Ensemble Theatre Company 6th Annual Repertory Festival is now underway with A Few Good Men running in the repertoire at Jericho Arts Centre.
The military courtroom drama is best known for the star-studded film of the same name but this intimate stage version really allows Aaron Sorkin’s script to be the star. Jericho Arts Centre layout brings the audience in so close to the players we felt like members of the jury. The intimacy draws the audience into the drama but also magnifies even the slightest of mistakes, some (presumably) opening-night nerves got the best of some actors. However, in such a dialogue heavy script some miscues and stumbles in delivery make it feel more natural.
The story follows the defendants, lawyers and witnesses in a high-profile court-martial, that the U.S. Marine Corp wants to quietly disappear, but internal affairs believes it’s more than an open and shut case. The team soon uncover a high-level conspiracy that slowly unravels before them. At first, the film comes to mind, but soon the cast steps out from the shadow of Tom Cruise, Demi Moore and Jack Nicholson to make the roles their own. Directors Alan Brodie and Tariq Leslie recast some of the characters with players of the opposite sex as in the film, making it even easier to look at them with fresh eyes.
As lead prosecutor Lt Daniel Kaffe, Zac Scott brings his own brand of cockiness to the first act, then really embodies the role as he emotionally connects to his clients and the audience. Alexis Kellum-Creer brings a mix of bravado and innocence to the character of Lt Commander Joanne Galloway, boldly asserting herself into the defense team but humbled by missteps in her ability make her realize her junior officer, Kaffe, is not all style and show. With the help of Sean Anthony’s Lt Sam Weinberg, the trio form a realistic camaraderie as they race to defend the pair of Marines accused of murder. As the play evolves the guilt shifts from the accused to others involved in the major cover up of a murder. Yurij Kis, as Col. Nathan Jessep, has one of the most difficult challenges to break free from the memory of Jack Nicolson’s Oscar nominated turn as the play’s villain. However, in spite of it being one of the most famous scenes in film, Kis really connects as he takes the witness stand and delivers a scorching monologue to implicate himself in the show’s climax.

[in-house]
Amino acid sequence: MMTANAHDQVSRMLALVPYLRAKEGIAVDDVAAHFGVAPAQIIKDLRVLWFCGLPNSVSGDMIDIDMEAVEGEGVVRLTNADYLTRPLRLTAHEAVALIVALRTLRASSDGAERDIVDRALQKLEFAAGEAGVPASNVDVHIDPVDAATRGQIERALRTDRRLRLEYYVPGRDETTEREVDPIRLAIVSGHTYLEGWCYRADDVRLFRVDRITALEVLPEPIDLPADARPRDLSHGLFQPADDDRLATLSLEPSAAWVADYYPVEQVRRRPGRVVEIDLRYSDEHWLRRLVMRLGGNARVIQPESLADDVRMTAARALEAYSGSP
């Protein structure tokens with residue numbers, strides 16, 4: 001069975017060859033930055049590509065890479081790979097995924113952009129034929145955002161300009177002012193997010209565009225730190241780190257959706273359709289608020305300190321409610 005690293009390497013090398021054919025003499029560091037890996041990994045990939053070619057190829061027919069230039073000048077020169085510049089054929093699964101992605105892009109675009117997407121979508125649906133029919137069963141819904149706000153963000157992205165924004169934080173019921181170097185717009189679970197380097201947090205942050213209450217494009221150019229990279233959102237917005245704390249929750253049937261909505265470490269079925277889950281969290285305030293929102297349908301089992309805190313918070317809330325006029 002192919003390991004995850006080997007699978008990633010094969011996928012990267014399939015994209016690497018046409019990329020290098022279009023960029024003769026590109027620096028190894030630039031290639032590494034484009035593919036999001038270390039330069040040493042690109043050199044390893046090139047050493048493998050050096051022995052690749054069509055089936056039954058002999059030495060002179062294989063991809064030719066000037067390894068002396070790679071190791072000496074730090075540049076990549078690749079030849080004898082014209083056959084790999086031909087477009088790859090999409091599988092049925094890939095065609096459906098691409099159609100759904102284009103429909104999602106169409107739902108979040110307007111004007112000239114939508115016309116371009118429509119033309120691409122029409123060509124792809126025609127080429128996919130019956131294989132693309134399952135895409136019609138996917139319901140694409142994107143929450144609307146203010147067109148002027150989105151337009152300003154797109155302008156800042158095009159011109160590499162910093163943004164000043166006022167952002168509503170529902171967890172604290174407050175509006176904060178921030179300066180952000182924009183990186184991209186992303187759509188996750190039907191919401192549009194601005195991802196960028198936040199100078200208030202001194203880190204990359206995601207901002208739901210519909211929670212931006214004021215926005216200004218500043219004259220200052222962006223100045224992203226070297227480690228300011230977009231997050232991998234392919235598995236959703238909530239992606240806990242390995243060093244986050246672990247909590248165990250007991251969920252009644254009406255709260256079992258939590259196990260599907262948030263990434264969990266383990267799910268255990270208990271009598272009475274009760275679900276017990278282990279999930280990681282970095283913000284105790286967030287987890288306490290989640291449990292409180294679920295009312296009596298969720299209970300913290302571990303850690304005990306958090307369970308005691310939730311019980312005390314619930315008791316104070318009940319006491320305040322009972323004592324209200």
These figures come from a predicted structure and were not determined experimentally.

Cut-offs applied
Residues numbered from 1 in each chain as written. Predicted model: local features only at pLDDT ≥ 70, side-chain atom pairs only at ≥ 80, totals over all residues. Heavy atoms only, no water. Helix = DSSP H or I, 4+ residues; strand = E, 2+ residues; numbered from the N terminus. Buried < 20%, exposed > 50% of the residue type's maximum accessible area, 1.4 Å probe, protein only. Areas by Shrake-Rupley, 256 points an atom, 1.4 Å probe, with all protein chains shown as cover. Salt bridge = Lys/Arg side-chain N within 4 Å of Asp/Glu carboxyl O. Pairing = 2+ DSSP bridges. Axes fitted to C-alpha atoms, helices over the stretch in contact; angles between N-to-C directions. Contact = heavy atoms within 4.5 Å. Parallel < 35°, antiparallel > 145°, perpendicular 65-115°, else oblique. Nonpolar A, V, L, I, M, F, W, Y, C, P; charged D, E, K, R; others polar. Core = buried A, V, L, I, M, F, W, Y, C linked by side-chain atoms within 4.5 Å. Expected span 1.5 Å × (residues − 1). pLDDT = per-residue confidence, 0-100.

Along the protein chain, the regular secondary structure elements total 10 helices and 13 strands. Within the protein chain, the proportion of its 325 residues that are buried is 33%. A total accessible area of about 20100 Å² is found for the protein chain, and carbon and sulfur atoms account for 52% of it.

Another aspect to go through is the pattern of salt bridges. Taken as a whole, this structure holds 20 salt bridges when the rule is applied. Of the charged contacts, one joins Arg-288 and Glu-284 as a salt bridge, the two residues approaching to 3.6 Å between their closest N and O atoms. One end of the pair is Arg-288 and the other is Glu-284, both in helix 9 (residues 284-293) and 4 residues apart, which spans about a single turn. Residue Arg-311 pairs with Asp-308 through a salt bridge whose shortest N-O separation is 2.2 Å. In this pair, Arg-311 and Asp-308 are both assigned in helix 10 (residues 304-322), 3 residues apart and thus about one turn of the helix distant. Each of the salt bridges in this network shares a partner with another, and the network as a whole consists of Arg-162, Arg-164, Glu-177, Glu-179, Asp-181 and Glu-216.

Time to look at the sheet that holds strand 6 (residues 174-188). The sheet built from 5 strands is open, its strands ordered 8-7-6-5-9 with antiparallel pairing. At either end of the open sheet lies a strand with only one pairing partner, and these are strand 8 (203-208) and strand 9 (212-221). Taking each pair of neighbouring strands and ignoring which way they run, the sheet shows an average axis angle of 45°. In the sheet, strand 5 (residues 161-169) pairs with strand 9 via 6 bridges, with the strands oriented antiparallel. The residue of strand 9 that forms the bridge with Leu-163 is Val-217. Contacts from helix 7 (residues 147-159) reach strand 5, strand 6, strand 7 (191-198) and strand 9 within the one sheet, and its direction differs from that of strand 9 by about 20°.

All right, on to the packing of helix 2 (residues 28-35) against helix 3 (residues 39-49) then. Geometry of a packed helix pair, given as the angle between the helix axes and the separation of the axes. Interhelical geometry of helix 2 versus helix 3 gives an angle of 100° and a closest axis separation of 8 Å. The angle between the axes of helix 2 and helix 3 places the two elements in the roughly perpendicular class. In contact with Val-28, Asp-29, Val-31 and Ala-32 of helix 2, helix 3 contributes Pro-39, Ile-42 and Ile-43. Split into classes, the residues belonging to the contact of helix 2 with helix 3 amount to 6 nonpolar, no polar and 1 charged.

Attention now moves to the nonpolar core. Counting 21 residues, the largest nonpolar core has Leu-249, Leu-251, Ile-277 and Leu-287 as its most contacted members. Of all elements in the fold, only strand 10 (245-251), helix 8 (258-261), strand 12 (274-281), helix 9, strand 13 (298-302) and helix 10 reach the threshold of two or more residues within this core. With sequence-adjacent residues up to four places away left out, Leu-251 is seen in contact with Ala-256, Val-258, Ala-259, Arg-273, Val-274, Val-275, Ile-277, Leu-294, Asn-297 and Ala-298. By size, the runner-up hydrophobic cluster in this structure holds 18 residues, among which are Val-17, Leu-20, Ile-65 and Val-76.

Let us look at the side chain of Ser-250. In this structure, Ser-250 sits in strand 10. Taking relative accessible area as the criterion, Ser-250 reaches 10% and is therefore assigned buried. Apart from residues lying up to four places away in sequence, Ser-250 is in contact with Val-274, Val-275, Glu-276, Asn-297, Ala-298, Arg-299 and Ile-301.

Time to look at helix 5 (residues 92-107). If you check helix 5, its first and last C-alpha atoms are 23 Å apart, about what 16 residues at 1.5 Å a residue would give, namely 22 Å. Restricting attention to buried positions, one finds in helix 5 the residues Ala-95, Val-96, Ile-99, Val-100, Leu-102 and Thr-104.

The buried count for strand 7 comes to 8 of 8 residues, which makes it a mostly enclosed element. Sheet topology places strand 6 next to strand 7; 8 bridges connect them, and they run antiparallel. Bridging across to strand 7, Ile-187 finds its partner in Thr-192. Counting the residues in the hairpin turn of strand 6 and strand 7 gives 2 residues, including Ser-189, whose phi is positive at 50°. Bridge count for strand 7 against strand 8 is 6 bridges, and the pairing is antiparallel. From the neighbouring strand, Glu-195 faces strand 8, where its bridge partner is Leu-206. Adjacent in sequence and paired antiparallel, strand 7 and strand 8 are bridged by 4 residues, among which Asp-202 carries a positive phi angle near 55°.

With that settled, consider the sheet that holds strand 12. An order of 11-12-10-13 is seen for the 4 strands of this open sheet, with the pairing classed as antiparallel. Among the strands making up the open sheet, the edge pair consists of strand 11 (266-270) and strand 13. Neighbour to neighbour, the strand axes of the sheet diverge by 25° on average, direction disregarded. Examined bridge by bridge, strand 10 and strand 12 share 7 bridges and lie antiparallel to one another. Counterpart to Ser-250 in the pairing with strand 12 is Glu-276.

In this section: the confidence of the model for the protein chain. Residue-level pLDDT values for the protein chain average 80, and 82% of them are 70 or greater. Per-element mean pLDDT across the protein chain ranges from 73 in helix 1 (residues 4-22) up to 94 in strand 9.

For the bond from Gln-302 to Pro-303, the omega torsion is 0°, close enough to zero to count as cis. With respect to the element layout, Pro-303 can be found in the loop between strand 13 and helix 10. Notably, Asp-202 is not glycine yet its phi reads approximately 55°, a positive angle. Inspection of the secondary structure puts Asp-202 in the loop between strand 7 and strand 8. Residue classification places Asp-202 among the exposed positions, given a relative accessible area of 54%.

As a fan of Aaron Sorkin, the cast and direction of Ensemble Theatre’s A Few Good Men keep the pace and deliver the drama expected of the well written script.
A Few Good Men runs alongside Ian Rankin’s Dark Road and The Beauty Queen of Leenane at Jericho Arts Centre in Ensemble Theatre Company’s Annual Repertory Festival until August 17th.
Visit ensembletheatrecompany.ca for festival passes and single tickets